By Guest Blogger Lisa Peaty, LCSW

Can you recall how many times that you asked yourself these questions, while your crying infant was wailing in the background?  Sleep deprived, perhaps with spit up on your shirt, and matted hair from the last 15 minute “rest” on the couch, you went through the mental calculations of the last feeding time and how long your infant had been awake as you bounced and rocked, shushed and soothed your dear little one who arrived in this world solely dependent on the caring adults in their life to provide for their needs.

Likely far from your awareness was the attachment cycle that was playing out between you both: your baby has a need, experiences distress, and communicates this by crying.  You ask yourself “Wet? Hungry? Tired?” as you soothe, snuggle, and comfort your baby.  While attending to your baby’s needs, he also learns to trust and feel secure in his relationship with his caregiver.  This important cycle plays out endlessly throughout infancy, and serves as a basis for healthy brain development with “wiring” that will support trusting relationships, a higher self-esteem, better emotional regulation, improved coping under stress and greater emotional competence.

Although primary attachment patterns are established in the early years of life, this expression of need and desire for consistent and nurturing caregiver responsiveness is a dance that plays out repeatedly in the child/caregiver relationship through the duration of your child’s life.  When your five year old falls down and skins his knee, he may desire comfort and reassurance.  When your eight year old cannot put her socks on “just right” and is melting down before your eyes, she may be desiring connection and soothing.  When your twelve year old freaks out because it is time to get off of the XBox but he needs just “FIVE more minutes,” he may be craving understanding and empathy.  When you have a fight with your teen and she storms off to her room, she may want time to cool off but then desire nurturing.

As a child and family therapist, parents and children tell me about their desire for connection to one another.  Parents often express being bewildered by their child’s big emotions whereas children frequently share desires of reconnection with their caregivers, particularly after an “upset” has occurred.  It is in these spaces of misunderstanding that children and parents feel emotionally disconnected from one another.  When a parent or caregiver is unable to empathize with their child and accurately read their emotional state or intensity, misattunement occurs and the pattern of the child expressing an unmet need, is met with a caregiver unable to provide reassurance and care.  This results in communication that is either out of sync or mismatched.  Over time, this pattern of “mismatch” can lead to a season of conflict between caregiver and child.  Children frequently communicate their emotions through their behavior and it takes a curious and mindfully patient caregiver to “dig deeper” below the surface of their child’s behavior and understand the unmet need that may be driving it.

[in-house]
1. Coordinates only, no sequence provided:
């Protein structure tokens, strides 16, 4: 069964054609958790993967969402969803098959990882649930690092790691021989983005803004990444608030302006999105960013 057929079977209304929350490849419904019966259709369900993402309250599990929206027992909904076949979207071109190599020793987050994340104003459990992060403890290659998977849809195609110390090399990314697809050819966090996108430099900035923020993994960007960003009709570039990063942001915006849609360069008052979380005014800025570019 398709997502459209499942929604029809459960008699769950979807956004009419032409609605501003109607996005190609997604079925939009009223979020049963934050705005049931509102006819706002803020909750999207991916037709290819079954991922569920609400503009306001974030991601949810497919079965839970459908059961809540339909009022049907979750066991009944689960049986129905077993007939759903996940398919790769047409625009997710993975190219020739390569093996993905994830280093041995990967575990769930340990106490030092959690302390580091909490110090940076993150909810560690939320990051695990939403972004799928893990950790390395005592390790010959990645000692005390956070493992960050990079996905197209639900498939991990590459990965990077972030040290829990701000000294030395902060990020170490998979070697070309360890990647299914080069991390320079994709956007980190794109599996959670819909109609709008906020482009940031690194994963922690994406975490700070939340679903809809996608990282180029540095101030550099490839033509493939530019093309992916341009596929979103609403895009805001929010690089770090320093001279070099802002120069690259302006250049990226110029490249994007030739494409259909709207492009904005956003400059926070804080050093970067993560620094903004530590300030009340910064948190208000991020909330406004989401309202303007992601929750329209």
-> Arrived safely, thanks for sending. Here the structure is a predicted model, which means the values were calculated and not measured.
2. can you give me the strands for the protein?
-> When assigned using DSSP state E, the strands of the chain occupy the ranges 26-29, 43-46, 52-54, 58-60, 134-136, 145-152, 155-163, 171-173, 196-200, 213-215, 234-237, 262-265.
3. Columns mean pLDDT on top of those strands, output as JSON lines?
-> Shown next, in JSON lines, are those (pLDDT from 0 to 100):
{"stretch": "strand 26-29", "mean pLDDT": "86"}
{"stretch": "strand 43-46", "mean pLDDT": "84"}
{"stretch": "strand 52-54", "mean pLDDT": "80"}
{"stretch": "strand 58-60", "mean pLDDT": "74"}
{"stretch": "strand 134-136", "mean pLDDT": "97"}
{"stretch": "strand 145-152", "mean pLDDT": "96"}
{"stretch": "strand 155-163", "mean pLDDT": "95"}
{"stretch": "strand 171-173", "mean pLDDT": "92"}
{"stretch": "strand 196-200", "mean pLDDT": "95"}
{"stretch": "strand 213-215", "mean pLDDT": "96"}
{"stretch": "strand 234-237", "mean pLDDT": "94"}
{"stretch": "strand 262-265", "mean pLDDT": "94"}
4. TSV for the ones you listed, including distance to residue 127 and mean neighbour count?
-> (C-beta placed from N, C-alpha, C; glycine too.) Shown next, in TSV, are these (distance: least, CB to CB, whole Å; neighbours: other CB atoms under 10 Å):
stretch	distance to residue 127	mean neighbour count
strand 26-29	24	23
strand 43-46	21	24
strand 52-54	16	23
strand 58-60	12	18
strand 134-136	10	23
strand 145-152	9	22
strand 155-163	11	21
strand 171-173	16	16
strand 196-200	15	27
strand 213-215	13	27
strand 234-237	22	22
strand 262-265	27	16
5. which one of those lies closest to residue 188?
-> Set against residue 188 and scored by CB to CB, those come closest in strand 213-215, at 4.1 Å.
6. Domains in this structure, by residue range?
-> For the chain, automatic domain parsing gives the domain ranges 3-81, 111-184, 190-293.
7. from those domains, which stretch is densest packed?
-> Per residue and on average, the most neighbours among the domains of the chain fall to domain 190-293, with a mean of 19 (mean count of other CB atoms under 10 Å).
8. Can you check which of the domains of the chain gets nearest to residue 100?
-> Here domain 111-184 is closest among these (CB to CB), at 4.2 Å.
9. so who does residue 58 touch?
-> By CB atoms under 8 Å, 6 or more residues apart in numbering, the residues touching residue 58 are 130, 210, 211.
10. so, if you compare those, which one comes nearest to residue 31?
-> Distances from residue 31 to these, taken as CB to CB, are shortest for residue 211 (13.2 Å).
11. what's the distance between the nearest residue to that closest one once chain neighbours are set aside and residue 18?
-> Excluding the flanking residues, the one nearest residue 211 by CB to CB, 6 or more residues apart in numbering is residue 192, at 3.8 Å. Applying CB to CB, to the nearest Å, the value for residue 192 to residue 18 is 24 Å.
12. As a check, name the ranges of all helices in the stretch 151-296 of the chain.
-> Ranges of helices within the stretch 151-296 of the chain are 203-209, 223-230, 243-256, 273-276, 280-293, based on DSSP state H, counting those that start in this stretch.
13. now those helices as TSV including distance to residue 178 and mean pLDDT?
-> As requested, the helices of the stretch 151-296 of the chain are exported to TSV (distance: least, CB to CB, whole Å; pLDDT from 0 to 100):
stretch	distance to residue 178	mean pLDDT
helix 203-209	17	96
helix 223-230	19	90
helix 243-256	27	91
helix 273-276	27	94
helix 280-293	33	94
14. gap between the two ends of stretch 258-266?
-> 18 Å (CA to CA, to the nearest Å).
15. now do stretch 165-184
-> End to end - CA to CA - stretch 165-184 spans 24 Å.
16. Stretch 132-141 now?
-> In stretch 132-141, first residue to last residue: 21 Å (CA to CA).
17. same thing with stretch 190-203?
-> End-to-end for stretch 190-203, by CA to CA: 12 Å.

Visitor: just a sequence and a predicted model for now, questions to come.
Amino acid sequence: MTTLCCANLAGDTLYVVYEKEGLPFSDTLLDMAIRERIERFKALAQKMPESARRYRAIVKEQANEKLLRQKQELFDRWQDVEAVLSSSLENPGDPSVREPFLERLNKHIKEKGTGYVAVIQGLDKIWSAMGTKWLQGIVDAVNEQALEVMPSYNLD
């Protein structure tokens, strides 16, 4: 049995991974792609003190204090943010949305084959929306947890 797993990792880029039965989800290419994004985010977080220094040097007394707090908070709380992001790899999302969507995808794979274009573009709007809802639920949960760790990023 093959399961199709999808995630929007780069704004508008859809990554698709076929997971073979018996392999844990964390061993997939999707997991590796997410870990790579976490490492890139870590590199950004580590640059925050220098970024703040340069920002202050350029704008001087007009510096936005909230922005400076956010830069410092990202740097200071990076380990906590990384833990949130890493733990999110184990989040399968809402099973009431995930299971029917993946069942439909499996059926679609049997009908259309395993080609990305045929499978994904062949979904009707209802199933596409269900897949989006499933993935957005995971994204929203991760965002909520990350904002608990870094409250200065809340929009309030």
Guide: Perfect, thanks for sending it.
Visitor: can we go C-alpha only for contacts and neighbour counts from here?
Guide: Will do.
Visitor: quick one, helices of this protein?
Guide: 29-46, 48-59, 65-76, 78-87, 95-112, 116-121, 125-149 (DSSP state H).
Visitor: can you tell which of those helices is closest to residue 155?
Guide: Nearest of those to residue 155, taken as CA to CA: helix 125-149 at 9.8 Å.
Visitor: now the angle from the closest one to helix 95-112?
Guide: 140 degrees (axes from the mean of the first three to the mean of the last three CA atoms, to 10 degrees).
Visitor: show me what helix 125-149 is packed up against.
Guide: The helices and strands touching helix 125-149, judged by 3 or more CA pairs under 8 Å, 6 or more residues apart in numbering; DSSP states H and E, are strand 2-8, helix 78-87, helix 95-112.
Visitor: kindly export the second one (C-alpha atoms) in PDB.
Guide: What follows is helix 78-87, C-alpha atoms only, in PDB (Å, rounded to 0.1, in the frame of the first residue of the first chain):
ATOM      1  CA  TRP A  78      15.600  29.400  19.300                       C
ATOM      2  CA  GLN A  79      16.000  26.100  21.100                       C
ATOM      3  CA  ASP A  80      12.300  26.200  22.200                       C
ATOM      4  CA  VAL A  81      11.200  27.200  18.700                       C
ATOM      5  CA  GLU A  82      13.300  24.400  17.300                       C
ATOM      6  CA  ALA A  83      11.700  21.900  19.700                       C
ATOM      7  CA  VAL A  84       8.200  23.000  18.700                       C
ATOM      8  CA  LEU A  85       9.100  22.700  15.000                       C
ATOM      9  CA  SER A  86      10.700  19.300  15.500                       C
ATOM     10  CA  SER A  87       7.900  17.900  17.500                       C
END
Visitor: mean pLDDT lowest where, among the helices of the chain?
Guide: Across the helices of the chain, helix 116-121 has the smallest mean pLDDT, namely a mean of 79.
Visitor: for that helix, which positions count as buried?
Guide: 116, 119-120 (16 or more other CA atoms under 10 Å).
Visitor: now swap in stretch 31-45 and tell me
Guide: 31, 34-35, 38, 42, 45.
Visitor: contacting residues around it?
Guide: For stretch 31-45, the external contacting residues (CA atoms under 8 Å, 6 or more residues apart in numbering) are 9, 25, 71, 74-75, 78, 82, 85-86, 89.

Parents and caregivers have busy lives.  Juggling jobs, housework, extended family relationships, aging parents, children’s activities, and personal health is the equivalent of multiple full-time jobs.  Exhaustion and distraction feels like the norm, many days, and misattunement with your child is likely.  Even highly sensitive parents only “get it right” about 50% of the time as competing interests pull them away from “digging deeper” into their child’s behavior and emotions.

However, the hallmark of a sensitive caregiver is that misattunements are recognized, and that relational ruptures are managed and repaired.  You yell at your child about their homework as you were answering a text from a colleague and fixing dinner.  You and your teen got into a fight over her lack of follow through on her chores.  You snapped at your child for their incessant questions while fighting traffic to take them to school.  In all of these situations, you have an opportunity for repair: allowing a cool off time, and coming back to your kiddo, remembering them as that crying infant (wet? hungry? tired?), craving connection.

Acknowledging your part in the conflict and apologizing for your hurtful words and harsh tone creates opportunities for connection. Maybe this still looks like cuddling and snuggling, or maybe it has evolved into reading a book together, playing a video game or board game, or coloring together.  Within these spaces of nurturing the caregiver/child relationship, a child can feel their sense of worth and belonging. And within this renewed connection, a child is able to believe that they are accepted, that their feelings are valued, and that trust is possible.

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